Currently, Winchendon has recently submitted a 75 percent design for Phase IV which stretches from downtown Winchendon to Glenn Allen Street.

Squannacook River Rail Trail in Townsend
The Squannacook River Rail Trail will be a 2.4 mile long trail along Route 119 in Townsend. The current plan envisions the trail beginning at the Townsend line behind the Harbor Village Shopping Center and ending at Depot Street. This stretch of inactive rail is currently owned by the MBTA. The funding will assist with the design, engineering and construction of the project.

Hardwick Bike Path
This funding would allow for the design and construction of the Hardwick Bike Path. The path would be built on an approximately 4-mile long abandoned rail bed stretching from the village of Gilbertville to the village of Wheelwright, both sections of Hardwick. Much of the trail would run along the Ware River.

"Locally, this trail will help improve ecotourism and provide an opportunity for residents to enjoy the natural beauty in this part of central Massachusetts," Olver said. The trail could eventually continue into New Braintree and Barre to connect with the Wachusett Greenways Rail Trail. A 104-mile abandoned rail line that stretches from downtown Boston to Northampton includes 15 miles of open trails. Much of the rest is still passable for a dedicated hiker, but a long-term goal is to transform the entire route into multi-use trail.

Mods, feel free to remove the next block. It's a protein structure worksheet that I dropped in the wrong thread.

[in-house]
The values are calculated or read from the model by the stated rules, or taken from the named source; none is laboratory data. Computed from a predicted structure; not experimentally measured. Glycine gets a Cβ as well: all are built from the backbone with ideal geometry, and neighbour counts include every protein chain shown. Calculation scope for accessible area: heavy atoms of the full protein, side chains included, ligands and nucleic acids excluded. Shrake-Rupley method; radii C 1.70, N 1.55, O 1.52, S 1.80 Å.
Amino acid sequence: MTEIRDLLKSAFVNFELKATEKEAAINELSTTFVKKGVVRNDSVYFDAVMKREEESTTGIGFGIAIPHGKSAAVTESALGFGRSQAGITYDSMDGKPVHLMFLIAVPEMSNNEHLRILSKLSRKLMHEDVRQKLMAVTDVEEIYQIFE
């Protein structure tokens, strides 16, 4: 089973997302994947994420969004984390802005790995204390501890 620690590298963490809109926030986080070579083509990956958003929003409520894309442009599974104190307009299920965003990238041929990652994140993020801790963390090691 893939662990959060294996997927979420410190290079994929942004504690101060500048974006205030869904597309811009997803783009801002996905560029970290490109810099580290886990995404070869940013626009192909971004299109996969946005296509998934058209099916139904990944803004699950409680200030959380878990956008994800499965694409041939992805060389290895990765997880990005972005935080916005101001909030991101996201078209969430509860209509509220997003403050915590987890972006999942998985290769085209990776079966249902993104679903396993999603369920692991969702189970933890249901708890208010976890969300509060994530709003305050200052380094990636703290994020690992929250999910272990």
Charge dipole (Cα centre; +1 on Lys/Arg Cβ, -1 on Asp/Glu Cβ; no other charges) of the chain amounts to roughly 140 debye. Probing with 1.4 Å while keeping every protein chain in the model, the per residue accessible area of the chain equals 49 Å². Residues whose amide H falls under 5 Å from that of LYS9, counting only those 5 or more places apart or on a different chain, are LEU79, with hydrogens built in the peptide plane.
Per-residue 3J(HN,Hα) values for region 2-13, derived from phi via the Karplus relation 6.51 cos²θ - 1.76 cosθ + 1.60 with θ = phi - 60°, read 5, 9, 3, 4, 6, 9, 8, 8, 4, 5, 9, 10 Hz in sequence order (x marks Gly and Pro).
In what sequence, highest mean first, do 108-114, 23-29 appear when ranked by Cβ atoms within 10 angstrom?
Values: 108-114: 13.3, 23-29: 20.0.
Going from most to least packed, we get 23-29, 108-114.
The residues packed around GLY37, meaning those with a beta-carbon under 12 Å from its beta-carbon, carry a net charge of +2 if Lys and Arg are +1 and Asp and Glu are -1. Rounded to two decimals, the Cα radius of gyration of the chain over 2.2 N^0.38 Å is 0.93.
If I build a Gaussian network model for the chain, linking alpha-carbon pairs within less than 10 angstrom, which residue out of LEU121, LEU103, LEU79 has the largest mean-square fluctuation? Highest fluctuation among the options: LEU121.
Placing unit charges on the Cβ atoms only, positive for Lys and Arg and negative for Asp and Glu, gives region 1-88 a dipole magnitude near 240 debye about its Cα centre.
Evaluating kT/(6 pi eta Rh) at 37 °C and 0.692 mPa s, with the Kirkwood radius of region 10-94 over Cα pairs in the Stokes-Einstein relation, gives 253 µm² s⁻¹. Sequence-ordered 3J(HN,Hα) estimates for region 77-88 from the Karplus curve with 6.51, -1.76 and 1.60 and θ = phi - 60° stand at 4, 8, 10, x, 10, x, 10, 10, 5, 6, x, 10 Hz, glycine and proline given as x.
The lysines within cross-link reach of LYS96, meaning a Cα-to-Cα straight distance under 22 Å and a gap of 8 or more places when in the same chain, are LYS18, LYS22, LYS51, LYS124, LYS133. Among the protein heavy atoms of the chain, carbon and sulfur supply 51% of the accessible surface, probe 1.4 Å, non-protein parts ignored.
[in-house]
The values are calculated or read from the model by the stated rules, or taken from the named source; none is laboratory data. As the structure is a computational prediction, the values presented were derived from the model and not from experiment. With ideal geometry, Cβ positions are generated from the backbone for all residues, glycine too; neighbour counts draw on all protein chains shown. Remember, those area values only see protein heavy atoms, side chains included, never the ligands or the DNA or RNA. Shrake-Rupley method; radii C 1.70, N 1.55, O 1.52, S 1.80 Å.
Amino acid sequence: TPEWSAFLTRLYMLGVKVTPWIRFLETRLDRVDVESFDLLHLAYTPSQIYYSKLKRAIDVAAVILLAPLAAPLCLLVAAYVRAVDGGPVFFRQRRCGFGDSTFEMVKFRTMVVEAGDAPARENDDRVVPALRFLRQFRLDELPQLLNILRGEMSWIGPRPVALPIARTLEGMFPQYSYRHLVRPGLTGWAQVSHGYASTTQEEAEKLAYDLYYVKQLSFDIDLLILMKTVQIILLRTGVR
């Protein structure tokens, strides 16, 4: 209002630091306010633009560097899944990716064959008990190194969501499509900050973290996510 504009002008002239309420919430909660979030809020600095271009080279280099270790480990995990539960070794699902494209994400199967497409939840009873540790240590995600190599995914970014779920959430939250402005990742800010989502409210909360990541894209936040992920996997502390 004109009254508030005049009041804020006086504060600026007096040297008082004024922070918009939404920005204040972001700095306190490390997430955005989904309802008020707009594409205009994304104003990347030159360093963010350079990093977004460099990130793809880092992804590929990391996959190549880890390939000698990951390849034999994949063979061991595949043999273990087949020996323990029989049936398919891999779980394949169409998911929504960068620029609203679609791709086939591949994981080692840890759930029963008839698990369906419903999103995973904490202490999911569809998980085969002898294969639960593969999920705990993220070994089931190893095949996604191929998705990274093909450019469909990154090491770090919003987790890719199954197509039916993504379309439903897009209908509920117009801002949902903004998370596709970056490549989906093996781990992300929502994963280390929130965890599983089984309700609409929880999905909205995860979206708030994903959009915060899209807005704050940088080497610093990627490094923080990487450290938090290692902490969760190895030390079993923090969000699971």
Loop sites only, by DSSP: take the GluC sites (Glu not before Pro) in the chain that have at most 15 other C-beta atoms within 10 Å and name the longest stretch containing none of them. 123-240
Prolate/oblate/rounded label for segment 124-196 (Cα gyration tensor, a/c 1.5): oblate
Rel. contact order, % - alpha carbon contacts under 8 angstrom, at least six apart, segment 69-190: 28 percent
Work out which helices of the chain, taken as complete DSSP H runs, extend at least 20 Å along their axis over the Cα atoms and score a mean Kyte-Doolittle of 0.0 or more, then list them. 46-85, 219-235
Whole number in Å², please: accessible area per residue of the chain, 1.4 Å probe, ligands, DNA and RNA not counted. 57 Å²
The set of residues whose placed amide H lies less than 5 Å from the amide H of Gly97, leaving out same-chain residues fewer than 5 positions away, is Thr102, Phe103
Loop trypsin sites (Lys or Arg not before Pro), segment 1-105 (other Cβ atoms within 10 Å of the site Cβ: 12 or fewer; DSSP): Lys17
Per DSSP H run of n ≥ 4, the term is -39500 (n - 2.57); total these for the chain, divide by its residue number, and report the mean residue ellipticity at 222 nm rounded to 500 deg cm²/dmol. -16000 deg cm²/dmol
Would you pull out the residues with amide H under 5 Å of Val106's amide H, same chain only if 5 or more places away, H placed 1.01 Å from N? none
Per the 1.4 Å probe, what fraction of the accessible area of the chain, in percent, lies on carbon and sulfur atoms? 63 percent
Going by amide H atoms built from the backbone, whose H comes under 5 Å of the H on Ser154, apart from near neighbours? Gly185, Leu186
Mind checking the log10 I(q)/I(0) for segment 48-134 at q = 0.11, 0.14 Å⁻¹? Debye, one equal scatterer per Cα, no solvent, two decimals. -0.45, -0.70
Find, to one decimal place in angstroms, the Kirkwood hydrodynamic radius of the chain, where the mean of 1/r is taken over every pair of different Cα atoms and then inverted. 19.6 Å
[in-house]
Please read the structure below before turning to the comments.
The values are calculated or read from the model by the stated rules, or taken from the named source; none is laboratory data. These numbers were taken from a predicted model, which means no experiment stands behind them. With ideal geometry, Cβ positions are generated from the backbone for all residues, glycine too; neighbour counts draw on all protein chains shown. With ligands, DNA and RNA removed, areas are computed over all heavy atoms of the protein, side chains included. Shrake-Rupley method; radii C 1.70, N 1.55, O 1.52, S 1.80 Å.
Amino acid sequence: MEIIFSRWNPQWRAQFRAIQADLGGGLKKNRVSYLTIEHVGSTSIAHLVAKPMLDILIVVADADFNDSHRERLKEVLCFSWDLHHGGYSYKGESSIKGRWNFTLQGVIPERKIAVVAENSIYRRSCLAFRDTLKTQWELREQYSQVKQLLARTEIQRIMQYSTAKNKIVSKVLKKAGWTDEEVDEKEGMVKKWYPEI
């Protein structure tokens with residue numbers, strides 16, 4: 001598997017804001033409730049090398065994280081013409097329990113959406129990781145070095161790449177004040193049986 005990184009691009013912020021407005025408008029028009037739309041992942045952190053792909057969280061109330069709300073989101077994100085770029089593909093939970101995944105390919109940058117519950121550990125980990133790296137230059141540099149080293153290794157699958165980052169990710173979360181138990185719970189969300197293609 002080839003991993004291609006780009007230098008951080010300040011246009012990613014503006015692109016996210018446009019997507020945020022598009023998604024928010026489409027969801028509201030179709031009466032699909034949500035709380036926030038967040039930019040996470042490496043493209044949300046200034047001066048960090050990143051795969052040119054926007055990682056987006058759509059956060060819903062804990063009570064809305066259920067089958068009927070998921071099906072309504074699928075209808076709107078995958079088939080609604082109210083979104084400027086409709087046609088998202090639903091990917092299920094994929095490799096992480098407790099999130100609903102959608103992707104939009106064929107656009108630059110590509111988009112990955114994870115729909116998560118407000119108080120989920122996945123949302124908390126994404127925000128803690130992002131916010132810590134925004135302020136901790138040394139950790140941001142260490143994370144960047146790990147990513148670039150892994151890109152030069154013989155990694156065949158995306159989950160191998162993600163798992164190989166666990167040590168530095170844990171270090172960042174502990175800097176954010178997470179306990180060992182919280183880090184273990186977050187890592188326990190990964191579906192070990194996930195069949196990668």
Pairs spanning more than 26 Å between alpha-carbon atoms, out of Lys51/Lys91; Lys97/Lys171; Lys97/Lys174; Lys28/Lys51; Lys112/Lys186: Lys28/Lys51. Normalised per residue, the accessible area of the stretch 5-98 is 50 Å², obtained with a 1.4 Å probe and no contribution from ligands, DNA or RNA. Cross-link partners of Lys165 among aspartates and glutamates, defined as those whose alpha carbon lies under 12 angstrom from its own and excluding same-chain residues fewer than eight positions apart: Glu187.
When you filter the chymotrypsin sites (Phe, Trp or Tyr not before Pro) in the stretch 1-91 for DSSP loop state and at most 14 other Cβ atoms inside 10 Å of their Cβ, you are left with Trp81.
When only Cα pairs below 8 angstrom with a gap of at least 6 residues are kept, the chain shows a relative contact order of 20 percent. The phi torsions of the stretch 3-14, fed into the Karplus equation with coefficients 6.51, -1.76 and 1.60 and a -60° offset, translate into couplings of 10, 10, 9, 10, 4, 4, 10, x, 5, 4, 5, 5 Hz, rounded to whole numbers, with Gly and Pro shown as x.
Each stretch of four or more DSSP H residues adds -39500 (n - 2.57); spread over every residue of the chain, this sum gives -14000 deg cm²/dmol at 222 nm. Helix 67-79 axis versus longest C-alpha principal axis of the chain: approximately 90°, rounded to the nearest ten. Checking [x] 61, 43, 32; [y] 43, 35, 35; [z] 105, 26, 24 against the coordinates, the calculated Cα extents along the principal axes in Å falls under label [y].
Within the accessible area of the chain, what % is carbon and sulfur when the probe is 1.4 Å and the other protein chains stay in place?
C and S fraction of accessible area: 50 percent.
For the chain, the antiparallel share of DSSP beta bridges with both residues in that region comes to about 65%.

Fitchburg Commuter Line
The surface transportation reauthorization bill contains language making the Fitchburg Commuter Line eligible to receive federal New Starts funding. Projects along the line are eligible to apply for New Starts grant funding.

The Federal Transit Administration's (FTA) New Starts program is the federal government's primary financial resource for supporting locally planned, implemented and operated major transit capital investments. From heavy to light rail and from commuter rail to bus rapid transit systems, the New Starts program has helped to make possible hundreds of new or extended transit fixed guideway systems across the country. These rail and bus investments, in turn, have improved the mobility of millions of Americans, have helped to reduce congestion and improve air quality in the areas they serve, and have fostered the development of viable, safer and more livable communities.

New Starts projects, like all transportation investments in metropolitan areas, must emerge from a regional, multi-modal transportation planning process that involves local officials and community members and decision makers.

Additional media contacts:
Fitchburg-Leominster Bike Path:
Kerrie Carnes, Leominster Planning Department, 978-534-7527
David Streb, Fitchburg Planning Department, 978-345-1018

North Central Pathway:
Anne Marie Blake, Winchendon Community Development Office, 978-297-3308
Rob Hubbard, Gardner Redevelopment Authority, 978-630-4014
Squannacook River Rail Trail: Al Futterman, Nashua River Watershed Association, 978-448-0299
Hardwick Bike Path: Dr. Richard Romano, East Quabbin Land Trust, 413-477-6021
Fitchburg Commuter Line: Peter Lowitt, Devens Enterprise Commission, 978-772 8831 ext. 3313